3. Later, when the Bush Administration decided to try Lindh on criminal charges in a federal court in Virginia, the judge issued a discovery order. How did you find out about it? What did you learn about the Justice Department’s compliance with discovery requests? What did you do about that?
On March 7, I inadvertently learned that the judge presiding over the Lindh case had ordered that all Justice Department correspondence related to Lindh’s interrogation be submitted to the court. Such orders routinely are disseminated to everyone with even a remote connection to the case in question, but I heard about it only because the Lindh prosecutor contacted me directly.
There was more. The prosecutor said he had only two of my e-mails. I knew I had written more than a dozen. When I went to check the hard copy file, the e-mails containing my assessment that the FBI had committed an ethical violation in Lindh’s interrogation were missing.
With the help of technical support, I resurrected the missing e-mails from my computer archives. I documented and included them in a memo to my boss and took home a copy for safekeeping in case they “disappeared” again. Then I resigned.
4. Once the “disappeared” e-mails resurfaced, what did the Justice Department do to you?
As the prosecution proceeded rapidly, and the Justice Department continued to claim that it never believed at the time of his interrogation that Lindh had a lawyer, I disclosed the e-mails to Newsweek in accordance with the Whistleblower Protection Act and the crime-fraud exception to confidentiality.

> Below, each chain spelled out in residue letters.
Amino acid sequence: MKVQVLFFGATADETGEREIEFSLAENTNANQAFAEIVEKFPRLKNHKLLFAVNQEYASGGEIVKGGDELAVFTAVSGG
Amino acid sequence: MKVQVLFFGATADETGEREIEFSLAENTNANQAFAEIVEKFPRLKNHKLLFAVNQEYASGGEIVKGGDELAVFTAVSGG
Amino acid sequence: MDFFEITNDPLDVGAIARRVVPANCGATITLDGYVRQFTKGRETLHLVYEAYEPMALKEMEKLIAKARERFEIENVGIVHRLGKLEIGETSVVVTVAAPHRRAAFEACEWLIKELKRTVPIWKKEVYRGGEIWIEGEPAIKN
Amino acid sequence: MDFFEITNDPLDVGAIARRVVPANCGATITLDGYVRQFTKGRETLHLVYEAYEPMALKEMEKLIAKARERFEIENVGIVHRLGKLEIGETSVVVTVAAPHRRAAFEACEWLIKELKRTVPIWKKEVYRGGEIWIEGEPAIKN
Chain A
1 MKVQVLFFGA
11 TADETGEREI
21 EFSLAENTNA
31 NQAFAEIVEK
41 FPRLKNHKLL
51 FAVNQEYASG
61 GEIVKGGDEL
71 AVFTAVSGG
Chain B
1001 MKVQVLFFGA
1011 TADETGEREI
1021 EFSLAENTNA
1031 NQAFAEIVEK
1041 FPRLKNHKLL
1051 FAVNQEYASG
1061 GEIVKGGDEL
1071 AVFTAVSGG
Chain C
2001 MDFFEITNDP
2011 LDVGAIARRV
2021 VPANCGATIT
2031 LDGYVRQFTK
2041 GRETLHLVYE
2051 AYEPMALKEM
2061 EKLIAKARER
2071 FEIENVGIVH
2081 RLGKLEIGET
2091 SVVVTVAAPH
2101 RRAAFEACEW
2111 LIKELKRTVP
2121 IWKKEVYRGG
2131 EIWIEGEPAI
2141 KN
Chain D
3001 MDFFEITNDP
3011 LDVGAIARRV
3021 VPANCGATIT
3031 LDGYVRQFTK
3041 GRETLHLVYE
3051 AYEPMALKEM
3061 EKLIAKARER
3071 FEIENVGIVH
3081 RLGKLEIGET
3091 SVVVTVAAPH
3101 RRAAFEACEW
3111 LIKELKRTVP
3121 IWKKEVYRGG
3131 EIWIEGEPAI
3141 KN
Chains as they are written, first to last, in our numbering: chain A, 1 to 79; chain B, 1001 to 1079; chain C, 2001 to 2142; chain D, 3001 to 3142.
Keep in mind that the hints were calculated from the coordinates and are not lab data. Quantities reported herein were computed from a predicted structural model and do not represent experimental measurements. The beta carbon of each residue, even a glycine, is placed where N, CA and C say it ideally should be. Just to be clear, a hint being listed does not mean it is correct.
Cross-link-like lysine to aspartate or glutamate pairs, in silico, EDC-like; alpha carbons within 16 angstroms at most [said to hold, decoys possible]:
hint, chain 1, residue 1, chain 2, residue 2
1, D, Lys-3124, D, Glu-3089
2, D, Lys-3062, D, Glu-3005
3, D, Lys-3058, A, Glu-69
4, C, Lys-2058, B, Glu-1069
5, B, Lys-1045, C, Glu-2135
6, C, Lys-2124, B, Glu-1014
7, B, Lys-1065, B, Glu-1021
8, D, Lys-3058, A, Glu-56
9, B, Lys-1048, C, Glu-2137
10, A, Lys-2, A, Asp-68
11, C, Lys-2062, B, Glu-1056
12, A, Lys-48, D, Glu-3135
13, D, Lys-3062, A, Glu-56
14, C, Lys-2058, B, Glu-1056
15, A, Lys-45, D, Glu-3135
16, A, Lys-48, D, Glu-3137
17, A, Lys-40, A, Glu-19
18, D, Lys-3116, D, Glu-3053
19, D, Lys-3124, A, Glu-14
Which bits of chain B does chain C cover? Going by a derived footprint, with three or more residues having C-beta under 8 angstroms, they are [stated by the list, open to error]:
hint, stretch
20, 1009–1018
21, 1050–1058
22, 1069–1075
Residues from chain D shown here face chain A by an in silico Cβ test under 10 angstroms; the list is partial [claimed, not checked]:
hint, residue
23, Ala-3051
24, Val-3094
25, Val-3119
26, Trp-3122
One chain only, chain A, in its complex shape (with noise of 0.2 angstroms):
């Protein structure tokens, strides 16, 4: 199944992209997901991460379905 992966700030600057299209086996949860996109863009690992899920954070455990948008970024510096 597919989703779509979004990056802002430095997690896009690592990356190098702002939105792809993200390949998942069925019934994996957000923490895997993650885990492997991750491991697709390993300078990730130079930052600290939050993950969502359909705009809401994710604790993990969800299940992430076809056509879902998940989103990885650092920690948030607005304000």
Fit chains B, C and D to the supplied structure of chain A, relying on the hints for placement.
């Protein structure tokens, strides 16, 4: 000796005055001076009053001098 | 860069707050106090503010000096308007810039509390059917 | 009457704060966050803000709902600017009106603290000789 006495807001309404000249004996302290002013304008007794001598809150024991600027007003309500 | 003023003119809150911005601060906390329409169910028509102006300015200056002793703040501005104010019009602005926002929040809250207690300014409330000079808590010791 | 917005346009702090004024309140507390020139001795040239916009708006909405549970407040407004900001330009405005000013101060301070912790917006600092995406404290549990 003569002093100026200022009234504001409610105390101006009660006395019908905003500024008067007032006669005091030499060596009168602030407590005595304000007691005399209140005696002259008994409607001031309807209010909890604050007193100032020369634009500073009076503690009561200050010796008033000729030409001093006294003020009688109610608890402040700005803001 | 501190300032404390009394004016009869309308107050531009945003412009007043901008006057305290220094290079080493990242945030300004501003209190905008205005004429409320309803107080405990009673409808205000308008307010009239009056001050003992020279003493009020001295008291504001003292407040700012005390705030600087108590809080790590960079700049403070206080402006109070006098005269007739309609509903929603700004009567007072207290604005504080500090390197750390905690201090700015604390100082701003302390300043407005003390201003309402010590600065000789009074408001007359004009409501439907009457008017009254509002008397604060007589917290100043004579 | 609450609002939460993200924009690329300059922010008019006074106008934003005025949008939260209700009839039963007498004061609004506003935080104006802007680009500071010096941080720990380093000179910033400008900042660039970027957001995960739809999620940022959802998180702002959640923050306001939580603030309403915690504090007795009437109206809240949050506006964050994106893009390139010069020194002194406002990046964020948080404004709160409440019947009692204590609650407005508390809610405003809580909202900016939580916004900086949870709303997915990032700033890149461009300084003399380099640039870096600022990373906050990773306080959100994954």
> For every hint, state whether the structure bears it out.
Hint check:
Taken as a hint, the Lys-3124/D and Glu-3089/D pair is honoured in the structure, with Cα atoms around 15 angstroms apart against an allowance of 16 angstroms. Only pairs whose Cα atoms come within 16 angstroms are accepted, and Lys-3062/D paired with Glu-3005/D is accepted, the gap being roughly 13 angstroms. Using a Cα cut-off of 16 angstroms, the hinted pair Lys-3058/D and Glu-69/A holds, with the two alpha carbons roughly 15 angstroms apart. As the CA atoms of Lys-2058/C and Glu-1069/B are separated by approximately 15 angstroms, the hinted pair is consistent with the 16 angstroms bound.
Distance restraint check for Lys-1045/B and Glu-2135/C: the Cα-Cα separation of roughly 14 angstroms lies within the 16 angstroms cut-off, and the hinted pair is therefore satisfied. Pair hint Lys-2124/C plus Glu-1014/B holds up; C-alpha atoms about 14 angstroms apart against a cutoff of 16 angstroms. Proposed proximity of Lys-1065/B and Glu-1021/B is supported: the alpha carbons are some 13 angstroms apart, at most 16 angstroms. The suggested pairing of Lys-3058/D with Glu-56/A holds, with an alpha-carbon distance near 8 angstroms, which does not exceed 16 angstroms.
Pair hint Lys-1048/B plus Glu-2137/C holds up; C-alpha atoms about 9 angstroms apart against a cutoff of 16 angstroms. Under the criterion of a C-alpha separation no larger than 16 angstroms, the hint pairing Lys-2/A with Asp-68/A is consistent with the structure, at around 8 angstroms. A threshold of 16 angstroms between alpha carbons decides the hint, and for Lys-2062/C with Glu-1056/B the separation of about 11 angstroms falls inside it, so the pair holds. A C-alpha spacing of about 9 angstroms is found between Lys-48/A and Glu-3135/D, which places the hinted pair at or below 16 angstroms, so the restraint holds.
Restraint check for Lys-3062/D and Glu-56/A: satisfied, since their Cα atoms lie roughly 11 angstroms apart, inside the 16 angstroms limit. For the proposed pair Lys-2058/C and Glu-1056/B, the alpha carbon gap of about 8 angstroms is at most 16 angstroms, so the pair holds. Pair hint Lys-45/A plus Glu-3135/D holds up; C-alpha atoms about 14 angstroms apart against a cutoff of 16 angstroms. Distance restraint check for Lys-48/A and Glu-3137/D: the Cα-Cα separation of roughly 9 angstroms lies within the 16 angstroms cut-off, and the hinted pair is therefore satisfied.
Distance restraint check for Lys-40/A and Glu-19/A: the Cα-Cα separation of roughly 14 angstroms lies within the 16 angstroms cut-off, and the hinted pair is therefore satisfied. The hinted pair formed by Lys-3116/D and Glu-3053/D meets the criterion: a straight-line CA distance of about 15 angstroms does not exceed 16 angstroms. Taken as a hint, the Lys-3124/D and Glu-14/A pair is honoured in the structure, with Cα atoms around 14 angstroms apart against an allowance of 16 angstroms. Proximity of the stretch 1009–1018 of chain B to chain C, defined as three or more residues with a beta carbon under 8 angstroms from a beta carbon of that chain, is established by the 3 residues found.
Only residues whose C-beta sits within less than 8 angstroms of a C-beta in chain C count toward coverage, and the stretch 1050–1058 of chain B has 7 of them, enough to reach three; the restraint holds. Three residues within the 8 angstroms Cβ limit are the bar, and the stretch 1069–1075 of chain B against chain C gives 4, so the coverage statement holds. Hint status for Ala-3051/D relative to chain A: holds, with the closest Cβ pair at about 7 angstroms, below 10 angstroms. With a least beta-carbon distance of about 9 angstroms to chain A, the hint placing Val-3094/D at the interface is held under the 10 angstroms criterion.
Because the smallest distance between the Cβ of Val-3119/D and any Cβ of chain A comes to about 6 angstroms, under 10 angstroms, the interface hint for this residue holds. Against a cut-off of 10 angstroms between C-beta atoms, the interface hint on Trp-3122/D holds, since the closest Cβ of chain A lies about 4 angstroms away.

A few weeks later, the Lindh case ended in a surprise plea bargain on the eve of a suppression hearing regarding whether statements Lindh made while in custody in Afghanistan–the ones I had advised against–could be used against him at trial–which I also advised against.
Afterwards, I was forced out of my job, fired from my subsequent private sector job at the government’s behest, placed under criminal investigation without any charges ever being brought, referred for disciplinary action to the state bars where I’m licensed as a lawyer, and put on the “No-Fly” List.
5. I understand the Maryland ethics board concluded that the Justice Department’s accusations were meritless in 2005, but now, seven years later, the same charges are still pending with the D.C. Bar Counsel—with which the Justice Department claims a “special relationship.” What’s going on there?